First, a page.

Ancestry releases important database on WWII displaced persons

Researching relatives and ancestors who survived WWII is getting even more easier this summer, thanks to Ancestry.com.

The second newest WWII-related database is Africa, Asia and Europe, Passenger Lists of Displaced Persons, 1946-1971, a resource on 1.7 million people. Arolsen Archives (formerly the International Tracing Service) provided the document scans on Holocaust victims and survivors, Nazi forced laborers and refugees.

The documents in the database provide first and last name, nationality, country of birth, religion, martial status, gender, age or birth date, country of last residence, job title, departure date, departure place, resettlement camp, arrival place and destination on immigrants.

Here is a sample document from the database:

These documents cannot be found online elsewhere. Last week, Ancestry posted Europe, Registration of Foreigners and German Persecutees, 1939-1947 with 10.1 million records also from Arolsen Archives.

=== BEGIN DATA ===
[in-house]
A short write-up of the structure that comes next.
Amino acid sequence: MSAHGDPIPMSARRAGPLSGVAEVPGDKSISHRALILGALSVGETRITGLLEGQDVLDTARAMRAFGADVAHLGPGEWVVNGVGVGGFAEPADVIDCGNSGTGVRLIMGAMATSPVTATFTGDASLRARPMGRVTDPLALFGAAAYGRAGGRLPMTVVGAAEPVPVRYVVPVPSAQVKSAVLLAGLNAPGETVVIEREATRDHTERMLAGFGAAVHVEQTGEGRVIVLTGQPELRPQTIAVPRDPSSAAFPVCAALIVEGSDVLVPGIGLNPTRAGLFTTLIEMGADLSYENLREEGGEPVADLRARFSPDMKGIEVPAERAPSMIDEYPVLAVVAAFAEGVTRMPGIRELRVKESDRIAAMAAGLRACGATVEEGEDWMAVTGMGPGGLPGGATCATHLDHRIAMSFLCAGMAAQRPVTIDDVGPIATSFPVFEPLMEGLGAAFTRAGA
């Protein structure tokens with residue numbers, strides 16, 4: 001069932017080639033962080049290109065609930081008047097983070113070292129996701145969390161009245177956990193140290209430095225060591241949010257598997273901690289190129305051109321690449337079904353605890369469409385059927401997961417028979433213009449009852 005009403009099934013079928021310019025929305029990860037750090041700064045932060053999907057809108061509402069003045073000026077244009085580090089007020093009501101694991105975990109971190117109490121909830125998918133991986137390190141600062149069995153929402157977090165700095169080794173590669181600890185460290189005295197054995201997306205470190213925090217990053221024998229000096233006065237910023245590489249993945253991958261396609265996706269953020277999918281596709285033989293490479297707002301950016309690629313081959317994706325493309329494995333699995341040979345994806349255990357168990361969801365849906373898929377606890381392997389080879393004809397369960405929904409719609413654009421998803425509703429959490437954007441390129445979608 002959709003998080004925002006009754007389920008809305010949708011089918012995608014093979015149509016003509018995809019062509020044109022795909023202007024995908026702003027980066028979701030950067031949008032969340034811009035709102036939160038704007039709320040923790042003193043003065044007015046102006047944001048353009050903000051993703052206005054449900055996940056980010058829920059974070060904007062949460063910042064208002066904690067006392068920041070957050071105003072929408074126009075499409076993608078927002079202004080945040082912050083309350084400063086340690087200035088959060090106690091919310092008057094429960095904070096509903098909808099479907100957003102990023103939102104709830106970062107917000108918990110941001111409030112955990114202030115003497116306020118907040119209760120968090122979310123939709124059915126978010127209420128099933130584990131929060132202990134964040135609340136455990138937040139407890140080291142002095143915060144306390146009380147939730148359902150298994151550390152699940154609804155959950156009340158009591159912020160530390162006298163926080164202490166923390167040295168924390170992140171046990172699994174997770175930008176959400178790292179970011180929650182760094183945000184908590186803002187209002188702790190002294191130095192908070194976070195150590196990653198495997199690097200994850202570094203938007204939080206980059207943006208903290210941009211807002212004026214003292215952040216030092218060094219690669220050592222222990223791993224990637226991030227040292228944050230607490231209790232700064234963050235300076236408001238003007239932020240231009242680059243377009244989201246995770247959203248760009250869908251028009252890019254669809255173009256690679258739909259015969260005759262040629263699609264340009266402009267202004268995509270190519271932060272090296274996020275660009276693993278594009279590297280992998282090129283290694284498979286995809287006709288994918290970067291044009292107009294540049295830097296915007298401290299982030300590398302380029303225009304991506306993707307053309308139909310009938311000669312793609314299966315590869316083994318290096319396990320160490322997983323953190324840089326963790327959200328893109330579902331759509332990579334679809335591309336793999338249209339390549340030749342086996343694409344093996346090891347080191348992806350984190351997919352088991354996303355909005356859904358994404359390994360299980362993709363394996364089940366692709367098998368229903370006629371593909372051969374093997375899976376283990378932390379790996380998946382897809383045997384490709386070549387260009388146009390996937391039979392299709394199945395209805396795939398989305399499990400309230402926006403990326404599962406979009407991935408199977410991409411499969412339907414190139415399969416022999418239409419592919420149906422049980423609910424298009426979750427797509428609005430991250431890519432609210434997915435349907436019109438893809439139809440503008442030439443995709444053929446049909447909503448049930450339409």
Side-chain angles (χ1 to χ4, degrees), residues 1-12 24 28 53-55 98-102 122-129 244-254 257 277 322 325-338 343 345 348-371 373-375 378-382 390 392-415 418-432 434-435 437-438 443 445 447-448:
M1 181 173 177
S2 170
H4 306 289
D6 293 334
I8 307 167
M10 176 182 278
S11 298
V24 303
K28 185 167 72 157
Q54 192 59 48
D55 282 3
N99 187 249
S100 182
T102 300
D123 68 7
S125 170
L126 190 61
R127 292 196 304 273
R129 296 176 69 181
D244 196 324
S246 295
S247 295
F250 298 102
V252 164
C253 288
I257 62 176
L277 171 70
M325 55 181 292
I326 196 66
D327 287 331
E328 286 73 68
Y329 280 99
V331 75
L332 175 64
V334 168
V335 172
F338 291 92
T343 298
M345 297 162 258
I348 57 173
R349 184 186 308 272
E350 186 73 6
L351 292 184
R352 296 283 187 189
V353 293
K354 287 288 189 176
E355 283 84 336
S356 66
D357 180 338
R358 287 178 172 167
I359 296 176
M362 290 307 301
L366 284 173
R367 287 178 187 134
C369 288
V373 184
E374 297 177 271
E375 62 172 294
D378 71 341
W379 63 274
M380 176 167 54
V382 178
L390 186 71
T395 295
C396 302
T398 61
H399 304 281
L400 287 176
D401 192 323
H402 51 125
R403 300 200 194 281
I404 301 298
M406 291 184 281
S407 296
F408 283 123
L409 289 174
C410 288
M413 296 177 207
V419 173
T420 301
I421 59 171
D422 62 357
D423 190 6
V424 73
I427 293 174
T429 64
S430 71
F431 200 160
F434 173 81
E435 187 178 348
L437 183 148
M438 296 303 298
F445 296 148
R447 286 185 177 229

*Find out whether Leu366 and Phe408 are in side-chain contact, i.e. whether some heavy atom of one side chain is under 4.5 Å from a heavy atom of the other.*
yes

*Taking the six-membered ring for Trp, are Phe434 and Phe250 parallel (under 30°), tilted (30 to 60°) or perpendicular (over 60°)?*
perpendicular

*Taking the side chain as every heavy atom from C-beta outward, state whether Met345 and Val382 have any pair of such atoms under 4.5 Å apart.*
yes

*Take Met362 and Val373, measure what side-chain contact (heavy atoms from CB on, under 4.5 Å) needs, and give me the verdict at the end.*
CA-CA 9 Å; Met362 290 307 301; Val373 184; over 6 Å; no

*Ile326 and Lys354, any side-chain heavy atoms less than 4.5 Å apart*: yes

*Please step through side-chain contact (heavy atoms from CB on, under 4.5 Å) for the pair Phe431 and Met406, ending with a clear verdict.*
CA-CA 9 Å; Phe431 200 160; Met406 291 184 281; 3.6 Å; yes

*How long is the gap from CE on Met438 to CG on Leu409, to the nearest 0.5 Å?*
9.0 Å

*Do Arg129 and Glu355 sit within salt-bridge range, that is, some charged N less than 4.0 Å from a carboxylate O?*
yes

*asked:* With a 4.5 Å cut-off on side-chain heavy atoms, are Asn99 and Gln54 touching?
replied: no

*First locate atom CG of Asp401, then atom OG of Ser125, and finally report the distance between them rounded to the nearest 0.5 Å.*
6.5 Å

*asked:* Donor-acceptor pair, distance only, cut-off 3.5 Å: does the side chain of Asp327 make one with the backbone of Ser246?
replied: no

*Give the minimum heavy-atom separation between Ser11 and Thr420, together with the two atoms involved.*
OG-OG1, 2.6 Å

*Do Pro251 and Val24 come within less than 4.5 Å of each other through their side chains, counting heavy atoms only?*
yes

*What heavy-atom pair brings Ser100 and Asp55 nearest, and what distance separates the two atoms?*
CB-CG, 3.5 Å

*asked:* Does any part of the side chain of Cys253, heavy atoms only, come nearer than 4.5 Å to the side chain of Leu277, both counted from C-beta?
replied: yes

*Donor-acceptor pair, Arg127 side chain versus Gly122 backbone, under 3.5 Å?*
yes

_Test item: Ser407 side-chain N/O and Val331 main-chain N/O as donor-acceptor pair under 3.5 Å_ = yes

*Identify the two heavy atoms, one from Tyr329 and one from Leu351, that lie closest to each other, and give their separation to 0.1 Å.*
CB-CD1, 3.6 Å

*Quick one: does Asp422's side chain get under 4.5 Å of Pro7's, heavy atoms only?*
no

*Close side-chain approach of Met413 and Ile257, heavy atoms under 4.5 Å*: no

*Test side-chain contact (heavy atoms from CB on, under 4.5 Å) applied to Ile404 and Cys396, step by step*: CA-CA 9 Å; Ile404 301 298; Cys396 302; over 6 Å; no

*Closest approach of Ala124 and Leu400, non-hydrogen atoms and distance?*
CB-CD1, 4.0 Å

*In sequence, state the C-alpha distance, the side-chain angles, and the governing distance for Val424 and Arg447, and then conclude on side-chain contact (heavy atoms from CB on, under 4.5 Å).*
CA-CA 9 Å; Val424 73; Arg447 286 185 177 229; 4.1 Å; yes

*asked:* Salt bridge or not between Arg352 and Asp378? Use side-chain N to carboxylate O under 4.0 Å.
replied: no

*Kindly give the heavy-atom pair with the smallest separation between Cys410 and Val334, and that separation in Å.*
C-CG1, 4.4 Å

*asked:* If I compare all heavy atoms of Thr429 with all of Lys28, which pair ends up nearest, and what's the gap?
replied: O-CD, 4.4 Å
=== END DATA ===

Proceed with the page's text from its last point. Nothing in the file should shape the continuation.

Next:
Just two months ago, Arolsen Archives added 10 million records to its own database, totaling the records to 13 million. That database doesn’t involve any fees nor registration.

Anyone who has relatives or ancestors who were displaced by WWII should search for records in these databases. It takes one new piece of information to make breakthroughs. Sometimes, the breakthrough could be a different spelling of a first name.

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Ancestry.com quietly adds incredible WWII database

The summer can be a quiet time for genealogy research until a new database appears online.

Out of curiosity to see if any new documents have appeared on Ancestry.com for my immigrant relatives, I discovered “Europe, Registration of Foreigners and German Persecutees, 1939-1947”.

The incredible database of 10.1 million documents, obtained from Arolsen Archives- International Center on Nazi Persecution in Germany, provides names, birthdates, birthplaces, nationalities and addresses of foreigners present in Germany from 1939-1947 and Nazi persecution victims.

Here is a sample document from the database:

I highly recommend searching for any relatives or ancestors who could have been in Germany during 1939-1947. I was surprised the seven documents I found on my mother’s family were new online.

Arolsen Archives- International Center on Nazi Persecution has 13 million documents on Nazi persecution victims and war refugees in its database. The documents on my relatives posted to Ancestry aren’t available on that database.